23 December 2006

Swiss Miss - Who Is She??

My Brother and I recently inherited what we believe to be a Swiss Schmidt-Rubin K31 variant. At least that is the one rifle that we can find on the web that is closest to what we have. But there are some differences.

The most obvious difference is everything I can find online about the K31 shows a weapon with a stock and barrel shroud that extends all the way to the front sight, and as you can see from the two pix above, Swiss Miss has a short fore-stock and no shroud.

The next thing is everything I can find on the K31 shows a "Cocking Ring" that also acts as a safety when rotated. As you can see in the above pic, there is no ring and a thumb safety switch instead.

All the K31 info I can find shows a straight bolt handle, but Swiss Miss has a bent handle, I don't know if this O.E.M. or from a previous owner.

From it's inception in 1889, the Schmidt-Rubin straight pull rifles were chambered in a variety of calibers ranging from 6.5mm to 8mm, but most were chambered for the Swiss 7.5mm round. Swiss Miss has "CAL .308 WIN" stamped in the base of the sight, if you look close you can see it in the pic above.

That's pretty much all the high-points of the differences, and except for a reference in an article about a non-functioning website for a dealer named Mandall Shooting Supplies in AZ. about .308 WIN K31's going for $1000 that's all I know about this rifle. That, and I know she's a shooter because my uncle never failed to bring home a deer every time he took her to the field.

If you can offer more info on this, I'd appreciate it. If you have any questions to clarify something about her, feel free to ask, and I'll try to answer them to the best of my ability.

And before anybody asks, like the F-N Browning Auto-5 I inherited, serial ##'d in the 80,xxx range (made somewhere between 1903 and 1939, exact records are not available), she's not for sale. It's that whole Family Heirloom thing...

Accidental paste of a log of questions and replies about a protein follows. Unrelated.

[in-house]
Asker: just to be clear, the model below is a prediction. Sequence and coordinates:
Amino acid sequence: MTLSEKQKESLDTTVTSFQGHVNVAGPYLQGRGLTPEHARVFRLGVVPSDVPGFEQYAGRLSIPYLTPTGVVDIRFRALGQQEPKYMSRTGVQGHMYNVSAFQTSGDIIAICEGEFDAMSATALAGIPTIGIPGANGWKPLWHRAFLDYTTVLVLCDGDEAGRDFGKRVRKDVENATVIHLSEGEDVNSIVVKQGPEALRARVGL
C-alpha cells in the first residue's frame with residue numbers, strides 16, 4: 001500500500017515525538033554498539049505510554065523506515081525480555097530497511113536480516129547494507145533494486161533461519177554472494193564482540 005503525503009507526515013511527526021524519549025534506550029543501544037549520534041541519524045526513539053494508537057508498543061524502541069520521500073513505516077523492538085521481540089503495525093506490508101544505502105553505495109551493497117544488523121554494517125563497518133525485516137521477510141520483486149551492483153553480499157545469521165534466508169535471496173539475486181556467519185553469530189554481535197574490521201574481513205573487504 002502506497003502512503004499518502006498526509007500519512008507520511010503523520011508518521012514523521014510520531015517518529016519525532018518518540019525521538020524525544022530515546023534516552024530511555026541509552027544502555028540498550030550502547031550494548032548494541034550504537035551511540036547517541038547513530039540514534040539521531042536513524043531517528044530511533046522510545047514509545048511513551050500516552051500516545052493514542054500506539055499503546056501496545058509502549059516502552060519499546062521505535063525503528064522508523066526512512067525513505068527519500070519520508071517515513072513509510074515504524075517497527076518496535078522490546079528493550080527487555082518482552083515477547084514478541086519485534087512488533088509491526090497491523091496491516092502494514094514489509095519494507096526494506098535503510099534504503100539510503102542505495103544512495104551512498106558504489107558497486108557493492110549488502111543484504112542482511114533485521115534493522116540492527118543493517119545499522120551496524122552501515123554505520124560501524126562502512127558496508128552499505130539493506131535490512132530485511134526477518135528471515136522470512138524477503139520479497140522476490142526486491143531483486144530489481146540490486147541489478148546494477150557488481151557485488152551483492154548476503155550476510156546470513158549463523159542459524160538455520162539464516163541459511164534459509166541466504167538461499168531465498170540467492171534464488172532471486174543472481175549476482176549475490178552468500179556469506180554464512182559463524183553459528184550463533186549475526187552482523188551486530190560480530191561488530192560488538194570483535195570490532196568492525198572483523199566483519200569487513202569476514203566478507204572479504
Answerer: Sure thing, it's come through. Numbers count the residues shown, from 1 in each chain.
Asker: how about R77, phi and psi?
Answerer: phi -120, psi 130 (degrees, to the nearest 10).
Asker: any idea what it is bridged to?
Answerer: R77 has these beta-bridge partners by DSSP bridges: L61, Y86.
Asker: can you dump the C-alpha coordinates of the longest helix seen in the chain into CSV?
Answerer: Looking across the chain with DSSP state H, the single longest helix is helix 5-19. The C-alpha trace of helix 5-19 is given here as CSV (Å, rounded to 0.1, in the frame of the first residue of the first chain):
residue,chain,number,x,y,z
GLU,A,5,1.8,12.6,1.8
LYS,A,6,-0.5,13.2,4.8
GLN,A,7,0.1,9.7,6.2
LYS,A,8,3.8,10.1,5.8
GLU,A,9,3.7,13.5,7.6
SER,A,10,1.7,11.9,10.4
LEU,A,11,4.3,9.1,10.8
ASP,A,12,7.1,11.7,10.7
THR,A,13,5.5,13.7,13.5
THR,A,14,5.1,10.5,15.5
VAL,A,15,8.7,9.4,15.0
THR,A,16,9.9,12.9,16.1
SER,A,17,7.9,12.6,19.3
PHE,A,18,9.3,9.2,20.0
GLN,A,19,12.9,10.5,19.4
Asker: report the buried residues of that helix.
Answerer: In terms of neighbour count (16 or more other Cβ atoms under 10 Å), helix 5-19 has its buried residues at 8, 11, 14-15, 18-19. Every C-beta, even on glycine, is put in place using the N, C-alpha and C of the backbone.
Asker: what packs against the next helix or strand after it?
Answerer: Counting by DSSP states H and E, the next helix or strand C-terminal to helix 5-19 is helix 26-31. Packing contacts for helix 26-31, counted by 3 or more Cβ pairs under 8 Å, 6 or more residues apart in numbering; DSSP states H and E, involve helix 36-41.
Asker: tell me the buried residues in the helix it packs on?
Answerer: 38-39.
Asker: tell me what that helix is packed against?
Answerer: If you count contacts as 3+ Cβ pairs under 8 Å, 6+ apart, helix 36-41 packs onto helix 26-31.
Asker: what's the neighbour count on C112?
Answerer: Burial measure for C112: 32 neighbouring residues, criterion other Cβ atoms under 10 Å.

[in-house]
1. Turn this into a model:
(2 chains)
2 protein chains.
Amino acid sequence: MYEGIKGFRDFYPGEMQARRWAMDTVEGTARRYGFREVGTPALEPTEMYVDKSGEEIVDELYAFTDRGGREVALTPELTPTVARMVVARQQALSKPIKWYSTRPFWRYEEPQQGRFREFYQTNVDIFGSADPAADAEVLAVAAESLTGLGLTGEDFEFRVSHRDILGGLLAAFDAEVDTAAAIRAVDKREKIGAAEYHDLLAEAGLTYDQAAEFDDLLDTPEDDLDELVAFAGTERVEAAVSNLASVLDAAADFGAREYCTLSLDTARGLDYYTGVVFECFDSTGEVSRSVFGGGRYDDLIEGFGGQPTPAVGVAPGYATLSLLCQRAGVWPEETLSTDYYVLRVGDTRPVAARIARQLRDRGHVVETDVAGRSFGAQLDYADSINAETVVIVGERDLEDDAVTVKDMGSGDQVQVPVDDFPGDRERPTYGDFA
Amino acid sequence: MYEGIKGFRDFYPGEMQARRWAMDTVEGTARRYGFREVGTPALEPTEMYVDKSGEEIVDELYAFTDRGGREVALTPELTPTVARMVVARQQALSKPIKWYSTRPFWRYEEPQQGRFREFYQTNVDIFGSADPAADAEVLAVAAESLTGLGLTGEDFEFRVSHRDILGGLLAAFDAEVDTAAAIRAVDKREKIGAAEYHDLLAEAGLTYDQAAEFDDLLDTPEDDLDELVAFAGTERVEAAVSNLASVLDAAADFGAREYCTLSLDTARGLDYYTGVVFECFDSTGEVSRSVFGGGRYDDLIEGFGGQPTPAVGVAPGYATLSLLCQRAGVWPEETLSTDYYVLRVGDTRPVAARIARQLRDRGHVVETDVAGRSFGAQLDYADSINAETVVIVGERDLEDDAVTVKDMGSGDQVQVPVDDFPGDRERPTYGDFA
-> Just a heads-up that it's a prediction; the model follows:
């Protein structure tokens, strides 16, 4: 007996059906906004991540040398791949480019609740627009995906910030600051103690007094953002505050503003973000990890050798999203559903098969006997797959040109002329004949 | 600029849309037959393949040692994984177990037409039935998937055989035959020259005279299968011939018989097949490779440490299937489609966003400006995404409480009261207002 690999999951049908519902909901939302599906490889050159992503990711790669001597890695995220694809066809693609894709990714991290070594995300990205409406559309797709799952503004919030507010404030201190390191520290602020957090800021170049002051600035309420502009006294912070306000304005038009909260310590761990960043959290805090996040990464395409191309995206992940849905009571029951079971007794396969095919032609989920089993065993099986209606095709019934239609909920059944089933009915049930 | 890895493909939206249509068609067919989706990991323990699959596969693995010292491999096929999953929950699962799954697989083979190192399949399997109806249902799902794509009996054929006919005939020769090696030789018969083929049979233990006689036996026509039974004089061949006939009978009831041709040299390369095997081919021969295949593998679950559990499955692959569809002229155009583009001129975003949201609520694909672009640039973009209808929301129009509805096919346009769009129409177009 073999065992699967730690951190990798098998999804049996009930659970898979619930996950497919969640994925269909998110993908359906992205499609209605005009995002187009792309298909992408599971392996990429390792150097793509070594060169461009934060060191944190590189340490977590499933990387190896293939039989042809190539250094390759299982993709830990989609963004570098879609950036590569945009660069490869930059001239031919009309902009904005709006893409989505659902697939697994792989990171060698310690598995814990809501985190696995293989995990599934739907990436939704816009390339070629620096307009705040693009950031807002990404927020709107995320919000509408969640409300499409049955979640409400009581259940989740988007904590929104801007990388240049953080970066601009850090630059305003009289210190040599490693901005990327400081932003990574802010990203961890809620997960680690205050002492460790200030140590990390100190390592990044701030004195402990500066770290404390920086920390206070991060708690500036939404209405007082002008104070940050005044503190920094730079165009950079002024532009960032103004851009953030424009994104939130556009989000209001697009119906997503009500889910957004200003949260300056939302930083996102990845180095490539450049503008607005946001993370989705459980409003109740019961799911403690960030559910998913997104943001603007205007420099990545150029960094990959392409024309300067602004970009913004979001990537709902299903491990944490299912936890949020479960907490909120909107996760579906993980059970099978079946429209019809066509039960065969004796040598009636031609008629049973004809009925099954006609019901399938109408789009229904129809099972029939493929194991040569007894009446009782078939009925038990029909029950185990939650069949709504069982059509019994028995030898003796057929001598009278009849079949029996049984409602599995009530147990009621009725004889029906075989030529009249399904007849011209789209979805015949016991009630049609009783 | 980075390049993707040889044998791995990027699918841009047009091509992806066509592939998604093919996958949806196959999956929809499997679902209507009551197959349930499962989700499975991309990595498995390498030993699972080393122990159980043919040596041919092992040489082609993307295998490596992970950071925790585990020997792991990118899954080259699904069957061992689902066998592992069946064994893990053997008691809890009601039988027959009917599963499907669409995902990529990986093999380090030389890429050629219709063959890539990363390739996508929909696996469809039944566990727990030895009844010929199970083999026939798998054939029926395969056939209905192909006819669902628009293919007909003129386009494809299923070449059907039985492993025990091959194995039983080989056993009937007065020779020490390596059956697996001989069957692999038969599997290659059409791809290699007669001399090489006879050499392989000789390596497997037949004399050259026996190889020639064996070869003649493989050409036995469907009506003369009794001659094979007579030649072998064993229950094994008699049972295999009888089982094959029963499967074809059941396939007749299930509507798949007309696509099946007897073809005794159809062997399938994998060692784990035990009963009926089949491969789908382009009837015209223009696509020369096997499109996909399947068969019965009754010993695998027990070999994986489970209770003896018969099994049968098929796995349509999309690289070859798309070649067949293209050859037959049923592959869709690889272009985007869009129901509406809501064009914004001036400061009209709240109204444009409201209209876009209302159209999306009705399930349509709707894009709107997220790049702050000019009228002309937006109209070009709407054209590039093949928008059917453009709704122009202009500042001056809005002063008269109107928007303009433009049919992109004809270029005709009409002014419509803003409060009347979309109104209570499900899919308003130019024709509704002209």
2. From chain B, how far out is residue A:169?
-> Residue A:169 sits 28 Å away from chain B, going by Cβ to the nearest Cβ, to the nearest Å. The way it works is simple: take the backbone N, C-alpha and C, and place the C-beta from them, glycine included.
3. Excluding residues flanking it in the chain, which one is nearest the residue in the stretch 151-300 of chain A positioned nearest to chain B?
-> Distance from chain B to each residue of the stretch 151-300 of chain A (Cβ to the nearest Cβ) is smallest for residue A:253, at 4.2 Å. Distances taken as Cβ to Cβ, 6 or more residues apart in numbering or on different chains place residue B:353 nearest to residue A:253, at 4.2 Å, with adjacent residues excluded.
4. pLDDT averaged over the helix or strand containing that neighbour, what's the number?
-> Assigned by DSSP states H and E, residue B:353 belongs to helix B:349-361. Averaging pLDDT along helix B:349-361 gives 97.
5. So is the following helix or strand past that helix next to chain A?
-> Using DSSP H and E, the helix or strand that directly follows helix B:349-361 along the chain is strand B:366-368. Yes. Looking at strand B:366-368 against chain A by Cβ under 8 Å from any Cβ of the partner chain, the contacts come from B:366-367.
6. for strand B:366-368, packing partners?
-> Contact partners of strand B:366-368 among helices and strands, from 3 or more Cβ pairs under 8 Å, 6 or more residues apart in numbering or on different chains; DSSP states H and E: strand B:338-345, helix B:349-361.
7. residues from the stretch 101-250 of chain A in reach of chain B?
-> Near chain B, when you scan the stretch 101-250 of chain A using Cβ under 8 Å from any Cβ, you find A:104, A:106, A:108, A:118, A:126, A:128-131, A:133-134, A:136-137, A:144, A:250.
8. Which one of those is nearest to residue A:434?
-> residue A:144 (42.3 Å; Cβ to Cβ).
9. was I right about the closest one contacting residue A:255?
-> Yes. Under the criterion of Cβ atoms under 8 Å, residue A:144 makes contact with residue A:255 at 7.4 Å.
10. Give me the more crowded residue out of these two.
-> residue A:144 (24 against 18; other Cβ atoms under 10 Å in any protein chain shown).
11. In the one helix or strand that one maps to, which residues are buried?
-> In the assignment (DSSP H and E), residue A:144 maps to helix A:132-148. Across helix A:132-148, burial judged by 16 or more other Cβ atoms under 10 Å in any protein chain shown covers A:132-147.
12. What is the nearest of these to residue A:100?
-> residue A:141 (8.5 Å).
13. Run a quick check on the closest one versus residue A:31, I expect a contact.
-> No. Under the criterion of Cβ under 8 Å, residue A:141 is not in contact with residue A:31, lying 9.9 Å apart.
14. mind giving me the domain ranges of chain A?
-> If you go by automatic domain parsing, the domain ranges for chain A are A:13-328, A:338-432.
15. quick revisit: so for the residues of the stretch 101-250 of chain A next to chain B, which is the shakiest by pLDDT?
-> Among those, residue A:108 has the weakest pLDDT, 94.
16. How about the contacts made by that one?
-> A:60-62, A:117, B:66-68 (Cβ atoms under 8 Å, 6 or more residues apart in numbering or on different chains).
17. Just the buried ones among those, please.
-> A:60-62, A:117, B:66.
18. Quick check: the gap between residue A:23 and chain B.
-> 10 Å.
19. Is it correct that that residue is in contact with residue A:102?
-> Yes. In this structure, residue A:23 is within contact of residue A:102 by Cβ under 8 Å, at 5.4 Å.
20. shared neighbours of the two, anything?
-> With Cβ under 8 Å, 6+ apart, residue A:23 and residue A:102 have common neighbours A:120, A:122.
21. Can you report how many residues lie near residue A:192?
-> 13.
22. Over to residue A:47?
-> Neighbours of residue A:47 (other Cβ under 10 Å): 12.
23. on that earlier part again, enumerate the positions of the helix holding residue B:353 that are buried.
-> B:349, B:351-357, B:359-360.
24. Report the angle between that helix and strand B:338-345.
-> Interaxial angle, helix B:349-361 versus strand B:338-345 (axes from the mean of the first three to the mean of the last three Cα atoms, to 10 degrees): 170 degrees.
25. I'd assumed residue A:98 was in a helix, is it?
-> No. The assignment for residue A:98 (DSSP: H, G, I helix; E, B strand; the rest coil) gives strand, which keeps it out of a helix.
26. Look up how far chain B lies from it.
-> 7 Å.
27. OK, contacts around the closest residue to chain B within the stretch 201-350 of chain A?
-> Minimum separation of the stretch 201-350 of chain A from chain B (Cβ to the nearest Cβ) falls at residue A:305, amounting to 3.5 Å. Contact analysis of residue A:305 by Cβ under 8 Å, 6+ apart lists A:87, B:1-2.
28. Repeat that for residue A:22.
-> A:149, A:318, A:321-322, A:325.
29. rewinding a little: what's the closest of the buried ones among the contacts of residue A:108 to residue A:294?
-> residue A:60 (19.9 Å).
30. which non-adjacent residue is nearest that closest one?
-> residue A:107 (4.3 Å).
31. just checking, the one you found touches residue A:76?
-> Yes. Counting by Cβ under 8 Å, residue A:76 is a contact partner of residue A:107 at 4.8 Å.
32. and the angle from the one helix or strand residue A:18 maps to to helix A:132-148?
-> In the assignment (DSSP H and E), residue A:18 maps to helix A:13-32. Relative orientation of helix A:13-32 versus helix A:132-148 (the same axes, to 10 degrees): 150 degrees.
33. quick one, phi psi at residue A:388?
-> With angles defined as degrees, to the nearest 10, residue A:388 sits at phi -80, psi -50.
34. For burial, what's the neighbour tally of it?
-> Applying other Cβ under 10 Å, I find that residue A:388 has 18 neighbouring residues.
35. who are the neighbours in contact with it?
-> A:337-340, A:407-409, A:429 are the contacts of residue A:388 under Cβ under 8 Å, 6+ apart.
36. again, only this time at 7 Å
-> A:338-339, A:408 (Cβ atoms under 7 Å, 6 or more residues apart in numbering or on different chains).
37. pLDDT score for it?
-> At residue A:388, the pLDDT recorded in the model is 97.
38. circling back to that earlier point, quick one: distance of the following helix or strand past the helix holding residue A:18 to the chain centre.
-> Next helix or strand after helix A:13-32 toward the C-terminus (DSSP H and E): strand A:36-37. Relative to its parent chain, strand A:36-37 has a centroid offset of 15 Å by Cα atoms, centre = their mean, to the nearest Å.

Anonymous Wilson Wil from Swissrifles.com said...

It's not a K-31, the magazine is too far from the front side of the trigger guard. I think it's been sporterized, and that accounts for the wood not going so far up to the muzzle.
Check with SwissRifles.com. There are several knowledgeable people there who will be able to tell you right off what it is.
It is a straight pull, right?
That stock seems kind of narrow where you would grasp it to pull the trigger.

23 December, 2006 16:11  
Anonymous Brian the sailor said...

Hmmm. I'm at a loss, but I'd e-mail Misha. If he didn't know right off the bat, he could find out.

23 December, 2006 17:13  
Anonymous David Avera said...

That appears to be a sporterized K11, the predecessor to the K31. The giveaway is the red bakelite handle. K31's have a steel handle.

23 December, 2006 17:21  
Anonymous og said...

It's a sporterized K11. K31's have an aluminum handle- at least mine does. the bent down charging handle and the cut off cocking ring made it more practical in the field to carry.

I've seen several of these sporterized in this manner, and i have to caution you: SOme were rechambered for 30-06, and this rifle is not strong enough for modern 30-06 loads. The rechambering consisted of reaming out the chamber, lining it with a chambered blank, and reaming the blank to headspace. The bore (though it's called 7.5) is actually close enough to the bore of a 30 cal to be insignificant, I shoot 7.62 bullets in my K31 all the time. If the chamber has been undamaged, you have a fine rifle there, and I'd hold on to it very tightly.

Incidentally, the tang safety is an aftermarket, from what I can determine,because of the loss of the cocking ring. The easy way to confirm that the stock is the sporterized original, is to see if the finger grooves are symmetrical. If the left one is a different distance from the right one, it's the original stock and has been sporterized.

If this is not a sporterized rifle, but was factory built in this specification, it is rare indeed.

23 December, 2006 22:01  

Post a Comment

Links to this post:

Create a Link

<< Home